Portland Police Violated Use of Force Policy During 2020 Protests, DOJ Says

A new report from U.S. Department of Justice lawyers says some Portland police officers violated their department's use of force policy while responding to protests that occurred within the city last year.

The report, which local media outlets covered shortly after its Wednesday release, is one in a series of reviews completed by the Department of Justice following a 2014 settlement agreement. The agreement was triggered by incidents in which officers were found to have used excessive force against individuals struggling with mental illness, according to The Oregonian.

Jim Middaugh, the communications director for Portland Mayor Ted Wheeler, told Newsweek the city entered that settlement agreement voluntarily and has sought other reviews in recent years in efforts to address issues within its police and public safety departments.

Wednesday's report covered the time period between January 10, 2020 and January 10, 2021. It said that the city of Portland "has not maintained substantial compliance with each provision" in four of the seven policy areas covered within the review.

Portland police use of force
A new report by DOJ lawyers said Portland police officers used force more than 6,000 times between late May and mid-November last year. In the photo above, Portland police officers walk through clouds of smoke while dispersing a crowd from in front of the Multnomah County Sheriffs Office on August 22, 2020 in Portland, Oregon. Nathan Howard/Getty

The report points to the series of protests that took place in Portland last year, many of which occurred between May 29 and November 15. In that time period, the report said officers used force "more than 6,000 times."

"Some of this force deviated from force policy, and supervisors frequently validated individual uses of force with little or no discussion of reasonableness of the force used," the report said.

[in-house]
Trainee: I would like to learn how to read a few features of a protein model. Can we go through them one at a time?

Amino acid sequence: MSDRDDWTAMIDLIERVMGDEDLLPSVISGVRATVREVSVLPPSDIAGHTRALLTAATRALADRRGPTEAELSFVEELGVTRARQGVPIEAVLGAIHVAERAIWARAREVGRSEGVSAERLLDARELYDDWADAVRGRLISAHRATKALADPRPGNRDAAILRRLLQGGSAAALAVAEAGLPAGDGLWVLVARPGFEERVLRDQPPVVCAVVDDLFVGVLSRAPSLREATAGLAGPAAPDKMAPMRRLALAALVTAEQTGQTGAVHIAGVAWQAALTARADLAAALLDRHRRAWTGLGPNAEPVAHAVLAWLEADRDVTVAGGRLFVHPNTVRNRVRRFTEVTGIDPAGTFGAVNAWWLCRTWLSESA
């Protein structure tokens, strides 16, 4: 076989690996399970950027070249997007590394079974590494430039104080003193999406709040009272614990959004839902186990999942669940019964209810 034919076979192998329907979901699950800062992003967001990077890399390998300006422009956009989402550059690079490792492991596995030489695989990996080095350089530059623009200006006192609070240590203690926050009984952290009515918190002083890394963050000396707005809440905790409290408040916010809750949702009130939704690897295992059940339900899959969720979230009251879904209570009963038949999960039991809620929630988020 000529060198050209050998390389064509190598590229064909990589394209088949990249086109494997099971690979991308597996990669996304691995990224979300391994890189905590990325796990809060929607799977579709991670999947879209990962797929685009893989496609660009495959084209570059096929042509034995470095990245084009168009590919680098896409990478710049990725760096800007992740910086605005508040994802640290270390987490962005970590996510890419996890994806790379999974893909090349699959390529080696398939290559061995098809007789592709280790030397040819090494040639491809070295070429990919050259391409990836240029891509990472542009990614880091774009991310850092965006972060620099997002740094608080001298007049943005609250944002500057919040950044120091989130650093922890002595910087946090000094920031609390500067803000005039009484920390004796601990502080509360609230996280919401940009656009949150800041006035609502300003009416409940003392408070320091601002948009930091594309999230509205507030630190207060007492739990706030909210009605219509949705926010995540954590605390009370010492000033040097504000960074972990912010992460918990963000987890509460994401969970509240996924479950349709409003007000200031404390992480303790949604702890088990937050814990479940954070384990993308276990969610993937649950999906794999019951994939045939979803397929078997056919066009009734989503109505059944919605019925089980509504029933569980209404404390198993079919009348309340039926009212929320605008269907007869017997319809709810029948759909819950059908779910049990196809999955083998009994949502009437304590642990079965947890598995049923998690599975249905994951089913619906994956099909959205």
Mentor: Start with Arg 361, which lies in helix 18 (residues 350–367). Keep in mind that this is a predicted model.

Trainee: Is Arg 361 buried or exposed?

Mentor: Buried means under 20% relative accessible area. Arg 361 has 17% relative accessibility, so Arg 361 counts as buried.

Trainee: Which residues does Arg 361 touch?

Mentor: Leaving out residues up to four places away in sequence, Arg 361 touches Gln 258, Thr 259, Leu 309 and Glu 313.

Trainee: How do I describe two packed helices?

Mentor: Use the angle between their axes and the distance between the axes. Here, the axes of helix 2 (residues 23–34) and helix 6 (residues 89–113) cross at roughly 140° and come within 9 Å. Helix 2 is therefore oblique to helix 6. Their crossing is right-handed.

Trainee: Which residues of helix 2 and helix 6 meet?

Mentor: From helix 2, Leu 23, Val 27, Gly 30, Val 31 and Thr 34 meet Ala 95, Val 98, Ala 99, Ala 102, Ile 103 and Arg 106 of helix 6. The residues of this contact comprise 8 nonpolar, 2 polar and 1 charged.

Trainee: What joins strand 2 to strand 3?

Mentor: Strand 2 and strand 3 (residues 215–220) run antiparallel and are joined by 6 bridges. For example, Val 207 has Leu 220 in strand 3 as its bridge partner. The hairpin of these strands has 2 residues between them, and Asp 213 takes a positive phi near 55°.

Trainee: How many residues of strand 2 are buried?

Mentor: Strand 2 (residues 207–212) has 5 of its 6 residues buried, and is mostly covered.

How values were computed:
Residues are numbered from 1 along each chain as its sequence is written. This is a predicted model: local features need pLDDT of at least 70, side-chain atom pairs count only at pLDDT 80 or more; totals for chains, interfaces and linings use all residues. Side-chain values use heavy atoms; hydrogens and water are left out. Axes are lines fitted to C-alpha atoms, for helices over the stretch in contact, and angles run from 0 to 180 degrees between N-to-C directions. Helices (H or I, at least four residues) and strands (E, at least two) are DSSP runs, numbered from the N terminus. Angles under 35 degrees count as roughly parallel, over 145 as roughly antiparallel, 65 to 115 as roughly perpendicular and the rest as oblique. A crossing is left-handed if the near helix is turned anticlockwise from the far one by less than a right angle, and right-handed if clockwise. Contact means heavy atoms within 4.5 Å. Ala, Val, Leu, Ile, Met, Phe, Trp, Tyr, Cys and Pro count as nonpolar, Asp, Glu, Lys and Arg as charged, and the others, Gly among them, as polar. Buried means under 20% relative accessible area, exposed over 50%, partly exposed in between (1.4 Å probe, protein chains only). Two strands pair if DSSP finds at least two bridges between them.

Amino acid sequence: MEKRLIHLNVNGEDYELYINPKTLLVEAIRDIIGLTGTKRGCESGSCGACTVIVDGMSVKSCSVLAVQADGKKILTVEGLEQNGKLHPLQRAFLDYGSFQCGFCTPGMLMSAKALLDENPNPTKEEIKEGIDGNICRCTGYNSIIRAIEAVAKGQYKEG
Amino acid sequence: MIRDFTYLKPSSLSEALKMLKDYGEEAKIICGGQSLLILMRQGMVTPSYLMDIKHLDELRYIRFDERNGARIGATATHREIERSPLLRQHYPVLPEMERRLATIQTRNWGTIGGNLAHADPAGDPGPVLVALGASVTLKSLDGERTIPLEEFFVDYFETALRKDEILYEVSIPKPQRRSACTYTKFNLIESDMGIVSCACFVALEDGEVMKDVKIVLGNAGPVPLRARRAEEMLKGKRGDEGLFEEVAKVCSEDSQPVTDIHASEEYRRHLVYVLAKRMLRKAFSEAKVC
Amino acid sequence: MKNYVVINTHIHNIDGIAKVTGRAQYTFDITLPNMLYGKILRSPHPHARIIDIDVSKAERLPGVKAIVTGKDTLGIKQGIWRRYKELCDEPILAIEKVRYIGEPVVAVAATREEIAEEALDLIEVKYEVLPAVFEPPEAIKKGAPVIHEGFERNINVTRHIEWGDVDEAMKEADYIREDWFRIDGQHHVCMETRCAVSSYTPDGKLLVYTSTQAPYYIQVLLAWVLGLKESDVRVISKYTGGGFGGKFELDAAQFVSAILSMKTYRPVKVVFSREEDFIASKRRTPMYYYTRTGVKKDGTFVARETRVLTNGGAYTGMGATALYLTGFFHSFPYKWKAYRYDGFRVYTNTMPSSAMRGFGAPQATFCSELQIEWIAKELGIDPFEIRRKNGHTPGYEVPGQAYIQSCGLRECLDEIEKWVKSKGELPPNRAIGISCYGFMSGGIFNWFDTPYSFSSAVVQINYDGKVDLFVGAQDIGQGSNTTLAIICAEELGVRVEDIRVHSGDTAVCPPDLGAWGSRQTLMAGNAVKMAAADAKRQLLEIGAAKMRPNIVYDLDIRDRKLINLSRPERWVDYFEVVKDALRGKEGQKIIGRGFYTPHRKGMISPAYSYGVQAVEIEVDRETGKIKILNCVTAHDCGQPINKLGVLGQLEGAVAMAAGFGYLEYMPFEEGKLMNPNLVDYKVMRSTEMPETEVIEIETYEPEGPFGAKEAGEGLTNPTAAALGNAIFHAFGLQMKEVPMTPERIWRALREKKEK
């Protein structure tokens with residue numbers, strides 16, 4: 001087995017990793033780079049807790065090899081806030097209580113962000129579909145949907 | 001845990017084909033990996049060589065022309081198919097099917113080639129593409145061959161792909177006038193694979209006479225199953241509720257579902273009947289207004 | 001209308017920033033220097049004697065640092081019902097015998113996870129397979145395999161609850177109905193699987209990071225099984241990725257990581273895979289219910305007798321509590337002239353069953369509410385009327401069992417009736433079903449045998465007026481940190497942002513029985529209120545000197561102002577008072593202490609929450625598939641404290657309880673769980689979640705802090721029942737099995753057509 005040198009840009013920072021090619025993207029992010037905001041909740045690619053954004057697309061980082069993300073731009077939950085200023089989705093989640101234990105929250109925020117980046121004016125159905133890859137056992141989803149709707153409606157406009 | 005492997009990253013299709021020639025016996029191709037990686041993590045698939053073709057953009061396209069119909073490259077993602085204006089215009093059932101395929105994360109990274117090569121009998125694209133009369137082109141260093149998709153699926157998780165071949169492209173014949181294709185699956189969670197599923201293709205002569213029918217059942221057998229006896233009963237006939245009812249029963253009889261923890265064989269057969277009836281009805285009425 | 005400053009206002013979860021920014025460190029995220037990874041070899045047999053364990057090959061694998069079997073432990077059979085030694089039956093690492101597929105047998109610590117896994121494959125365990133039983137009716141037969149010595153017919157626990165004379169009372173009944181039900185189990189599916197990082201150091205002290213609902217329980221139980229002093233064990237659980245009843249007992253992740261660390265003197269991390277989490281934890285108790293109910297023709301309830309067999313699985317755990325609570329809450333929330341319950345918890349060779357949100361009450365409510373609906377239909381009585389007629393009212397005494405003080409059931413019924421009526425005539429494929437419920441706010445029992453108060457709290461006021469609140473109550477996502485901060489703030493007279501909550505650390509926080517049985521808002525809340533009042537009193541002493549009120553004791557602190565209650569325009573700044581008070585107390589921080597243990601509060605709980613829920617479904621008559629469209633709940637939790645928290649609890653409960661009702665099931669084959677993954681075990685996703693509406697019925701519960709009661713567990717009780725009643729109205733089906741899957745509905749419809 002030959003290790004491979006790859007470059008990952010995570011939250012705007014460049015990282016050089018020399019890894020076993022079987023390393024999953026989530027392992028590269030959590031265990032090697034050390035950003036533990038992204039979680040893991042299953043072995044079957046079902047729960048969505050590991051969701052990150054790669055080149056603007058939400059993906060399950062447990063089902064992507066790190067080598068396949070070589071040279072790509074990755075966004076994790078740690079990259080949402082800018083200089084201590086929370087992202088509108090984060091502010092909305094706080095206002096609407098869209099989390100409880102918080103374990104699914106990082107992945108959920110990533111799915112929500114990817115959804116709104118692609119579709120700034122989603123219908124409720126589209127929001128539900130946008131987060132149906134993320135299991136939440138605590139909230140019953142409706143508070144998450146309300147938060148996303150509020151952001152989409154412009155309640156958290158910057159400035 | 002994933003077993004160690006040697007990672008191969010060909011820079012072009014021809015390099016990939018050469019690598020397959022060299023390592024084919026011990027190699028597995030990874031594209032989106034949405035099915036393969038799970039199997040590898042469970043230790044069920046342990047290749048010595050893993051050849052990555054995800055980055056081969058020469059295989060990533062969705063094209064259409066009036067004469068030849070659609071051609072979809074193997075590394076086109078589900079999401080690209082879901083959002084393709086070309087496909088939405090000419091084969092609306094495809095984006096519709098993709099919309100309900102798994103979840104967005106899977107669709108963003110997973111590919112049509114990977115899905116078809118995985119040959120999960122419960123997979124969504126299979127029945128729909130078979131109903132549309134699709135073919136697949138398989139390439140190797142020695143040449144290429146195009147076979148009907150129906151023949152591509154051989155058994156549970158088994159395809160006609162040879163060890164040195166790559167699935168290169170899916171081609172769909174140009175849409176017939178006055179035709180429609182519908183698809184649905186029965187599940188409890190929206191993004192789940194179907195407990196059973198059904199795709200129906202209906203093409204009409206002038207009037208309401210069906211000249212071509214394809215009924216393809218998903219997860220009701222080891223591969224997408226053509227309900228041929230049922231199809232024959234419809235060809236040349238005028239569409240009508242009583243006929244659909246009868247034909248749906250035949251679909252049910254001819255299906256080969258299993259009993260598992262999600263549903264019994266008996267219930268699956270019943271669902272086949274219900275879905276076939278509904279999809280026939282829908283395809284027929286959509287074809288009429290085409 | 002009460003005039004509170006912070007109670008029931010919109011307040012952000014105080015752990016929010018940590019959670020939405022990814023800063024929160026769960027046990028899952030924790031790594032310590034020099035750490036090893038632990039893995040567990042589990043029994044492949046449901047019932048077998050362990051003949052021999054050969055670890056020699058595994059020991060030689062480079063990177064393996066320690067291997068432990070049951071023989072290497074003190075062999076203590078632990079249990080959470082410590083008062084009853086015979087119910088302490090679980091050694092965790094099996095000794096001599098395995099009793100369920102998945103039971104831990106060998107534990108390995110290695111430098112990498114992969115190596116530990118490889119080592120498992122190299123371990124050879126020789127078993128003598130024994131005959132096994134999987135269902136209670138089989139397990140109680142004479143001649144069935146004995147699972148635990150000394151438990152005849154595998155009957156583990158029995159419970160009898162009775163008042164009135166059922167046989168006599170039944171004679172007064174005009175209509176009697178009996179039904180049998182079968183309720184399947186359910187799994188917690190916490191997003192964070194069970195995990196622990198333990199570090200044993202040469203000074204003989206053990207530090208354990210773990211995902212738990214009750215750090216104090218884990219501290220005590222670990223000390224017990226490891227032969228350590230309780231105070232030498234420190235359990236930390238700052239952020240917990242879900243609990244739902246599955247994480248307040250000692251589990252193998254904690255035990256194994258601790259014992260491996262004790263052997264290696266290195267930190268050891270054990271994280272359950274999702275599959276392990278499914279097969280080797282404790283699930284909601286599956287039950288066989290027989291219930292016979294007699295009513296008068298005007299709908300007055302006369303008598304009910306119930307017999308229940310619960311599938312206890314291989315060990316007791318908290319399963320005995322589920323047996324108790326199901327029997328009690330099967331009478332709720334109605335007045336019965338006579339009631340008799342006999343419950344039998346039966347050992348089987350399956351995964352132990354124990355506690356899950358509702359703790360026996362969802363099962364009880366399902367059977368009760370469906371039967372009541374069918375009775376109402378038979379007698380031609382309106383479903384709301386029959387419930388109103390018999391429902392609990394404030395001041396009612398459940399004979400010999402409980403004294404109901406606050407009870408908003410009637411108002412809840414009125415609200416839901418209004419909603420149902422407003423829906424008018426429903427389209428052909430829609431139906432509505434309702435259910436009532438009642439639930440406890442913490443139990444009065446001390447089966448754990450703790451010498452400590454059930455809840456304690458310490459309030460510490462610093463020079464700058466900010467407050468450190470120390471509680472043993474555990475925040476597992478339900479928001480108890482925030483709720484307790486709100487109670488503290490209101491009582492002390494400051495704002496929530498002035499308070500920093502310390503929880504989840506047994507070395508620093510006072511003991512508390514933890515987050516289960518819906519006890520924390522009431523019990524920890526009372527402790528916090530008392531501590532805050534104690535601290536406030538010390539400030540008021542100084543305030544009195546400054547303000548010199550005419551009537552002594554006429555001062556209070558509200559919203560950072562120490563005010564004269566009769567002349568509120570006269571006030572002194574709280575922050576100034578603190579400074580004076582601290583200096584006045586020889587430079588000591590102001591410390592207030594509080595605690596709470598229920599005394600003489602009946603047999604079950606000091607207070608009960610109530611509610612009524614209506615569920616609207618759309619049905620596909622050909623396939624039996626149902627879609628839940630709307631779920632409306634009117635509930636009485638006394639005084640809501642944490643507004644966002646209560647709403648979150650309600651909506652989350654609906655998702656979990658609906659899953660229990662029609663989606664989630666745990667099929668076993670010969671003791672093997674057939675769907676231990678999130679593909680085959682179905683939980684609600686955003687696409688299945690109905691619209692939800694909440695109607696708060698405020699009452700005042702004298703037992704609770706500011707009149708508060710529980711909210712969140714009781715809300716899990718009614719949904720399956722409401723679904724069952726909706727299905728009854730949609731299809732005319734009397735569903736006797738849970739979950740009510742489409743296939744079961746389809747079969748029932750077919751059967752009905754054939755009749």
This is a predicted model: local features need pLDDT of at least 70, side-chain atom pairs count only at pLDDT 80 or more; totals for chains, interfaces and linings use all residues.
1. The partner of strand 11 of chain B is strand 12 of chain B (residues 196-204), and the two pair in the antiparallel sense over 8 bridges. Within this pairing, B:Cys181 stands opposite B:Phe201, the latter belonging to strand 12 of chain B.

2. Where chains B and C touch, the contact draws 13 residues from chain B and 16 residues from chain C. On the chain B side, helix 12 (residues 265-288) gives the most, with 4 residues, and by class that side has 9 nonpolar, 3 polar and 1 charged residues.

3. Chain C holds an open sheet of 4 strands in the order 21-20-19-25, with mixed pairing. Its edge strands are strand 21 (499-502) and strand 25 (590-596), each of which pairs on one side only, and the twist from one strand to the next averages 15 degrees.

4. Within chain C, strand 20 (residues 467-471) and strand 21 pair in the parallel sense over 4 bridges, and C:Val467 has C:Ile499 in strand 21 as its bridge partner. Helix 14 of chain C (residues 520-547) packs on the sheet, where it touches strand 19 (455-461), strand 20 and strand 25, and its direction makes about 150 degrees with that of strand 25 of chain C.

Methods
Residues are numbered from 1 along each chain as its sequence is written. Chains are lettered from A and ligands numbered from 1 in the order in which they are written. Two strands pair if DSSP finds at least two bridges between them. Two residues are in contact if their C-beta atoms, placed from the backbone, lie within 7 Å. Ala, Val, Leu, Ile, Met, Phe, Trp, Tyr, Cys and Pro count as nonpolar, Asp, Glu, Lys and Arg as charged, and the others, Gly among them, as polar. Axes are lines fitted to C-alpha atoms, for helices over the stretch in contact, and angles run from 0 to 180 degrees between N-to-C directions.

The city was found to be in better compliance with the bureau's use of force policy during events unrelated to the protest, which the report referred to as "crowd-control events."

The report pointed to training, accountability and community engagement as the three other focus points where the city did not meet the DOJ's expectations but said Portland did meet its requirements for community-based mental health services, crisis intervention and its employee information system.

Protests began in Portland in late May as city residents and Americans throughout the country reacted to the news of the May 25 death of George Floyd, a Black man who died while in Minneapolis police custody. Portland became a hotbed for protests throughout the summer, frequently garnering national attention for the violence and property destruction that occurred during the demonstrations.

Oregon U.S. Attorney Billy Williams recently estimated it would cost $2.3 million to fund the cleaning and repair of city buildings damaged during the protests, and the cost of damages to local businesses was also estimated to be in the millions.

The Wednesday report said the Portland Police Bureau identified a "criminal element" during some of the protests, which the report said "was consistent with our consultant's limited observations." The report went on to say there were other instances in which "validation of individual uses of force with little or no discussion of reasonableness of the force used or of de-escalation attempts, stands in contrast to PPB's policy requirements for force investigations and PPB's expressed organizational goals."

"PPB members used force, some beyond policy. Supervisors approved that force, some without required critical assessment. PPB, as a whole, did not timely assess the crowd control events," the report said.

Middaugh told Newsweek the city is open to feedback like that contained within the Wednesday report and said there were other signs that the city is taking steps to move forward, with an amendment to the city's charter to create a new police accountability system and ongoing contract negotiations with the local police union serving as two examples.

"We are striving hard to get into compliance and remain in compliance," Middaugh said. "It's clear to everybody in Portland that the scope and nature of the protests that occurred throughout the summer were incredibly challenging for the city of Portland. It's clear we need to develop more resources for the training and reporting obligations."

In a statement shared with Newsweek, Portland Police Bureau Chief Chuck Lovell said the bureau was "looking forward" to reviewing the DOJ's report.

The events of last year "provided a series of unprecedented challenges for the Portland community and the PPB," Lovell said. "If we are found out of compliance, we will use the valuable feedback to continue to improve and grow as an agency."

Update (2/11/2021 at 7:49 p.m. ET): This article has been updated to include a response from Portland Police Bureau Chief Chuck Lovell.